Gold is at record highs this year but silver is barely back to where it was 30 years ago. As the spin doctors out do each other in bumping up their price targets for the “other” metal, I am going to stick to my guns. Silver is just $6 an ounce short of my price target.
Back in 2008 when silver hit $20/ounce and gold topped $1,000/ounce for the first time, I recommended investors take profits. That turned out to be sage advice since both metals dropped precipitously. Silver fell to almost $9/ounce. I promptly recommended purchasing it again. Once the price returned to $20/ounce, I suggested that silver could reach $36-$37/ounce before pulling back again. This week silver topped $30/ounce before falling 5%.
There are several explanations for why silver has had such a great run this year. Silver’s largest end-users are the electrical and electronic sectors. Both are now emerging from recession and industrial demand for the physical metal is rising. Jewelry demand for silver has also picked up. The price of gold has soared, making silver a less expensive alternative for shoppers.
The creation of silver exchange traded funds (ETFs) has opened up a new source of demand for bullion as well. Up until 2006, investors interested in purchasing silver were required to buy and store bullion through a bullion desk, or go to a jeweler or trade in the futures market. The advent of silver ETFs greatly expanded the silver market and offers investors a low-cost, liquid way of investing. As more and more investors purchase these silver ETFs, the funds must buy up additional quantities of silver or silver stocks, sending prices up even further.
Silver does offer some protection against potential inflation as a physical and transferrable store of value. It is the same argument that is behind the price increases we have experienced for all commodities from gold to pork bellies.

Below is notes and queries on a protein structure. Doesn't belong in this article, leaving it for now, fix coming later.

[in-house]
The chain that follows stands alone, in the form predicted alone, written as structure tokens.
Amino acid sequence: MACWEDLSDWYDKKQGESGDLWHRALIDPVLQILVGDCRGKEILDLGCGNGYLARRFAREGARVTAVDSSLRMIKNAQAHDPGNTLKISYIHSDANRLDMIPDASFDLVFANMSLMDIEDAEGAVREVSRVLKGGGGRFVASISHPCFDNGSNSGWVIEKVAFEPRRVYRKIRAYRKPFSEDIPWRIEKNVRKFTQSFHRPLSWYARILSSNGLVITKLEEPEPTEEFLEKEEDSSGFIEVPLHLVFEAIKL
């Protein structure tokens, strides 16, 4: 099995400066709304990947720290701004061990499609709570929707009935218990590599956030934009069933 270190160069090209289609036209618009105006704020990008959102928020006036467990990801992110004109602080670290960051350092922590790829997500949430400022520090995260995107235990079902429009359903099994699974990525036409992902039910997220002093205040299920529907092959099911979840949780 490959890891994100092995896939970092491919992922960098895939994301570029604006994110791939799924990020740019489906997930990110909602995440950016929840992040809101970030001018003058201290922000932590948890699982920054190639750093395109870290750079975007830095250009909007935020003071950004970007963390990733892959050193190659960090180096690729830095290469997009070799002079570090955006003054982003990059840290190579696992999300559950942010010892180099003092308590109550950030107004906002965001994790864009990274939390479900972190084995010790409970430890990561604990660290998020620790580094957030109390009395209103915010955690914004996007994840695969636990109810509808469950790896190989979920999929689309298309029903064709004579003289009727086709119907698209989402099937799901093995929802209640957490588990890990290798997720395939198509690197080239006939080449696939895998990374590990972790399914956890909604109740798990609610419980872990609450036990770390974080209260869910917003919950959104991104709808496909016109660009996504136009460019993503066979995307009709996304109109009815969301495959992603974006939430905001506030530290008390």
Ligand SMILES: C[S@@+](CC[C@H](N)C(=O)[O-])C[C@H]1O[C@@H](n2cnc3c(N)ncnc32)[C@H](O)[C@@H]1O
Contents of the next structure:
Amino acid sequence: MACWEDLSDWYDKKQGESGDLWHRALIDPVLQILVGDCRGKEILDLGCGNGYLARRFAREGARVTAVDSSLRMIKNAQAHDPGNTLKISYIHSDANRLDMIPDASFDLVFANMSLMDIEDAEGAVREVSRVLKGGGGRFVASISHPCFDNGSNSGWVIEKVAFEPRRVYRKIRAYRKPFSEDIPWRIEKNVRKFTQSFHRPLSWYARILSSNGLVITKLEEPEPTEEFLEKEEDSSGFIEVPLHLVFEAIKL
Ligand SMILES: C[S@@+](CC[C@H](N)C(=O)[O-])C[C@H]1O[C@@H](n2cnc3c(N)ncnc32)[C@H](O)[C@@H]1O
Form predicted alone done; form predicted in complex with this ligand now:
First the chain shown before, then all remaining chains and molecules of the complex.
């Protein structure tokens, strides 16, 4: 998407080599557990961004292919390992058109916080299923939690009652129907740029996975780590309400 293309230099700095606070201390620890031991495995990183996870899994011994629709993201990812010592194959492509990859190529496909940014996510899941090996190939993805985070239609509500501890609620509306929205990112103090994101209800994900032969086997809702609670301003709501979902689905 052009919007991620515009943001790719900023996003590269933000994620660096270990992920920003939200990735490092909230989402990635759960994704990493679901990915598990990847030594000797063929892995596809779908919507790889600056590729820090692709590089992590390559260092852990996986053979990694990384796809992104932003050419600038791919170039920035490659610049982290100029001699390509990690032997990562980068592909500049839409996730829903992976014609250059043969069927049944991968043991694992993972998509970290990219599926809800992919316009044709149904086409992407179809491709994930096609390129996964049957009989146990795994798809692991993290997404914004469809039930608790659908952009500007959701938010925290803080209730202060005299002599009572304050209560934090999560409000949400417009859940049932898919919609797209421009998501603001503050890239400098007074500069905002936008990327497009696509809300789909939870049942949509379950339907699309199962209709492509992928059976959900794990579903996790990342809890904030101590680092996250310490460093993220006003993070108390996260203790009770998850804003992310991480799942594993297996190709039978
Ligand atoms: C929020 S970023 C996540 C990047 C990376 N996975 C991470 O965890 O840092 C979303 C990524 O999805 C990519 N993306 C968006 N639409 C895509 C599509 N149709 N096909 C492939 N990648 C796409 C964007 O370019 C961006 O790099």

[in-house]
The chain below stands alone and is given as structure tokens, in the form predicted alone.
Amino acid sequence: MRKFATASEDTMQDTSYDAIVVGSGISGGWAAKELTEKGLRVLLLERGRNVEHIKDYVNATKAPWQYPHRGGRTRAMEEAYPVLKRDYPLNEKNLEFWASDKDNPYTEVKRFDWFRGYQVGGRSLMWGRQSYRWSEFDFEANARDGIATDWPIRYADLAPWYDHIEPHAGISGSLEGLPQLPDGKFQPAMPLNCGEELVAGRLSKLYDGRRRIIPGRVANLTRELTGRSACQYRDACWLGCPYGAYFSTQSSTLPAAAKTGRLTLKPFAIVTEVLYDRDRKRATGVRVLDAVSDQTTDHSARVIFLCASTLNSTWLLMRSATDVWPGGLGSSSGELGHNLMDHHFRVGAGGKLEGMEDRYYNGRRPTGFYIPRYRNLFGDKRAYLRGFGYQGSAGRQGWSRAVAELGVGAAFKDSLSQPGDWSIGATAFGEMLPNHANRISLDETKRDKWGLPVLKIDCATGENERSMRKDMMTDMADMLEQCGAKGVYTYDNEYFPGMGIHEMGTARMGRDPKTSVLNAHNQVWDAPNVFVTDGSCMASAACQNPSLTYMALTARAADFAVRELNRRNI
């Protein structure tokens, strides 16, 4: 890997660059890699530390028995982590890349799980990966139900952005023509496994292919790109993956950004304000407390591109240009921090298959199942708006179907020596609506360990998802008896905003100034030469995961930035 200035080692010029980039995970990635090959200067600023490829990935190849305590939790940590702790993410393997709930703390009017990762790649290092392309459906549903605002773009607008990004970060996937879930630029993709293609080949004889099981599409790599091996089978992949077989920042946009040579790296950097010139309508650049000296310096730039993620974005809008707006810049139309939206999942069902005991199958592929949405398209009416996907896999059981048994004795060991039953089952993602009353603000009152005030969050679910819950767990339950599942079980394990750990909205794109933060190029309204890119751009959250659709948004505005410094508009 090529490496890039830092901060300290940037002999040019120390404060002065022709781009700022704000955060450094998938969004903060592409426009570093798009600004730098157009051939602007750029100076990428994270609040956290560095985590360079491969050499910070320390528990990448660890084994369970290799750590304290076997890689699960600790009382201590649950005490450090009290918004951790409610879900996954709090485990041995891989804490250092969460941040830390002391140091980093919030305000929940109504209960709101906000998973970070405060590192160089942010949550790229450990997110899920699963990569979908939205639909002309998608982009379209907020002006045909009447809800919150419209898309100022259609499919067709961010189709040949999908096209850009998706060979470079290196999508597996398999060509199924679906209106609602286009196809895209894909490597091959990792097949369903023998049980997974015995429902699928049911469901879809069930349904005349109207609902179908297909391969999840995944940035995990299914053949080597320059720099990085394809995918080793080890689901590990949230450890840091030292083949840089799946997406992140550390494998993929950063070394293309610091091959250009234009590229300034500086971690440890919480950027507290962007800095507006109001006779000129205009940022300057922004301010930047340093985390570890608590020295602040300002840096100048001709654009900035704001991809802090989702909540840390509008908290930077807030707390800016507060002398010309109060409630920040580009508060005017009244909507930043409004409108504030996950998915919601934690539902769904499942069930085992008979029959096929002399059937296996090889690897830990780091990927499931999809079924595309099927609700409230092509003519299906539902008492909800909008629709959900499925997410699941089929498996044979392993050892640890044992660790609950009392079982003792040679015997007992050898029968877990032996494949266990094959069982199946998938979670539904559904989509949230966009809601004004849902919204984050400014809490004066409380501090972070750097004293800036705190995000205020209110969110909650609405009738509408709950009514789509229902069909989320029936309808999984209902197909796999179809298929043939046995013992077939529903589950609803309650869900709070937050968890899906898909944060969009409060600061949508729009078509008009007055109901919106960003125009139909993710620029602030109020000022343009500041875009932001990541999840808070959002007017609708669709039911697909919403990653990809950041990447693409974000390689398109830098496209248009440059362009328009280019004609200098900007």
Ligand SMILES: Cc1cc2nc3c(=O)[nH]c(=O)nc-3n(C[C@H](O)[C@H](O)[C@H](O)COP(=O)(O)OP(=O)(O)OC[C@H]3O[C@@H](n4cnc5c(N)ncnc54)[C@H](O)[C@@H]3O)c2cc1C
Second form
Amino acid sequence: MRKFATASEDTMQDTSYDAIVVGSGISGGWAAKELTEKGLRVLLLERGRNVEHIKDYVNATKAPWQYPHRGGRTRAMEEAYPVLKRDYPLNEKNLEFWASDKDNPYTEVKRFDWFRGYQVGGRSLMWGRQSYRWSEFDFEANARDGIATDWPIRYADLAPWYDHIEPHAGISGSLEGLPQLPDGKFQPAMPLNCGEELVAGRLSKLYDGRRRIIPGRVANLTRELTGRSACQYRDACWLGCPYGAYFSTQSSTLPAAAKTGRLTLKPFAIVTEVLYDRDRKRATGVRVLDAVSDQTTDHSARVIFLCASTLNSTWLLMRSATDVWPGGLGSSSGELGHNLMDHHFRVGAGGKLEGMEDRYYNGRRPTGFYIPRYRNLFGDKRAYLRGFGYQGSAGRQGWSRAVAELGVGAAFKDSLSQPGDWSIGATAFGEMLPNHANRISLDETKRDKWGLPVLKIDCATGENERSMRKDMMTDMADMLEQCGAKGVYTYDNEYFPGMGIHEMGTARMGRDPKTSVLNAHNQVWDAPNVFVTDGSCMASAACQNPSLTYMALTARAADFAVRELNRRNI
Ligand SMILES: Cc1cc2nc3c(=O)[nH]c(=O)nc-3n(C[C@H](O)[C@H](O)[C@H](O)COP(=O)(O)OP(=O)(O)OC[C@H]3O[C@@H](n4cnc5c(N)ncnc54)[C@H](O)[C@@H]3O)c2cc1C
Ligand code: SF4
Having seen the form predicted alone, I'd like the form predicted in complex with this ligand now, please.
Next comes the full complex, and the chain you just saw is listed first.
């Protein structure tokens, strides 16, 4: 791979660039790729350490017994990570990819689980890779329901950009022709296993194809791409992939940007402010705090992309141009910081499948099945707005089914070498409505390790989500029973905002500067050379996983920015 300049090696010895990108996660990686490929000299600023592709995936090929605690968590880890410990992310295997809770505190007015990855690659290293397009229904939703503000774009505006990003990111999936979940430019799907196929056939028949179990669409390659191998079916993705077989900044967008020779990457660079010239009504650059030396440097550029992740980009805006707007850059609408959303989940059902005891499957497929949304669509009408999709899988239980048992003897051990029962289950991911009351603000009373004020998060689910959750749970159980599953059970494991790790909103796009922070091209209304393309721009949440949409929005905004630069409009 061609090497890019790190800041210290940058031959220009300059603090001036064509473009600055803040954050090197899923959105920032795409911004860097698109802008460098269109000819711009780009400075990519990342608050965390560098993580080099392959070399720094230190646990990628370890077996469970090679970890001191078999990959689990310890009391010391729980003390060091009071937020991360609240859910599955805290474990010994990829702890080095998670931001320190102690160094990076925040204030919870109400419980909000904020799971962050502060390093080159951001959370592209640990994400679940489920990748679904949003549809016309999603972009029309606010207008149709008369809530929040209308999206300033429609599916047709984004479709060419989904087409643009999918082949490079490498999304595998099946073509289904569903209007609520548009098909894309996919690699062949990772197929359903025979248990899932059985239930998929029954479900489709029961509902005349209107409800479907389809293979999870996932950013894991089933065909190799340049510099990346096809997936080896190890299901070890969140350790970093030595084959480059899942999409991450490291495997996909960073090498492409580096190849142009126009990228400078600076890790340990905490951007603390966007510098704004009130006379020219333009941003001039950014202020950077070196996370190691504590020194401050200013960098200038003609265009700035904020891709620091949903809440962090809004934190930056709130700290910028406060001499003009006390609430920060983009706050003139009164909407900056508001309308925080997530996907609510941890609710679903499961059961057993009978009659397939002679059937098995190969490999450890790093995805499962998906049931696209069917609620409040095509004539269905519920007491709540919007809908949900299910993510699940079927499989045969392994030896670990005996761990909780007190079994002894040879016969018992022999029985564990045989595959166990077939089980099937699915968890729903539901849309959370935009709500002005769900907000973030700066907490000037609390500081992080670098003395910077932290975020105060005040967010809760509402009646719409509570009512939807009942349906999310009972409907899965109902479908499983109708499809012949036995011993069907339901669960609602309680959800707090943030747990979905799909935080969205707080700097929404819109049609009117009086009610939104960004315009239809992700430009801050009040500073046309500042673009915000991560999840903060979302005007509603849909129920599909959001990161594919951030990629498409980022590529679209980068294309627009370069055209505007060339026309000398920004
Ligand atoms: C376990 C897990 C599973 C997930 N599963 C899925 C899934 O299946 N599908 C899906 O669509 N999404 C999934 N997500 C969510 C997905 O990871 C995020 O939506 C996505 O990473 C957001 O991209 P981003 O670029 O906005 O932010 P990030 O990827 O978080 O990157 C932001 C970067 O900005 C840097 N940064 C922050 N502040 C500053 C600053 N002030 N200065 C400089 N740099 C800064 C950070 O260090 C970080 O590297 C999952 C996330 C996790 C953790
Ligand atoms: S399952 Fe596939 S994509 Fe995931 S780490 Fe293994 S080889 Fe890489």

Gold and silver pros often keep an eye on the price ratio between the two metals. Up until 2008, it typically required 55 ounces of silver to buy one ounce of gold. Today that ratio is roughly 47 ounces. Silver has been outperforming gold all year but historically, (over ten years) when that ratio hits 40, silver starts to underperform gold.
Like gold, silver can be purchased in a variety of forms. Some investors buy coins, others actually buy and store 100-ounce silver bars. These physical silver options trade at a premium to the silver price and storage costs eat into profits. One can also buy silver stocks, precious metals mutual funds and/or exchange traded funds that offer investors the option of stocks, futures or bullion without the storage fees or premiums.
There is also the junk silver market: U.S. quarters, dimes and half-dollars minted before 1965. These coins have no collectable value since they are worn, scratched, chipped and otherwise damaged. This wear and tear has reduced their silver content. On average, they now contain only 71.5 ounces of silver down from the 90% when first minted. These old coins are sold in bags of either $100 or $1,000 face value and tend to outperform silver bullion.
Now you have a better idea of why silver is where it is. But remember, the most important lesson in investing in silver or any other commodity is to know when to sell. My price target remains $36-$37/ounce. If I were a cautious investor, I would not wait until that price range is reached. Remember too, that commodity prices can drop sharply and in a blink of an eye. A 10-20% drop in a week is entirely within reason, especially after a big run-up so buyers beware. That doesn’t mean that the bull market in silver is over but it could mean a sharp decline followed by a period of consolidation.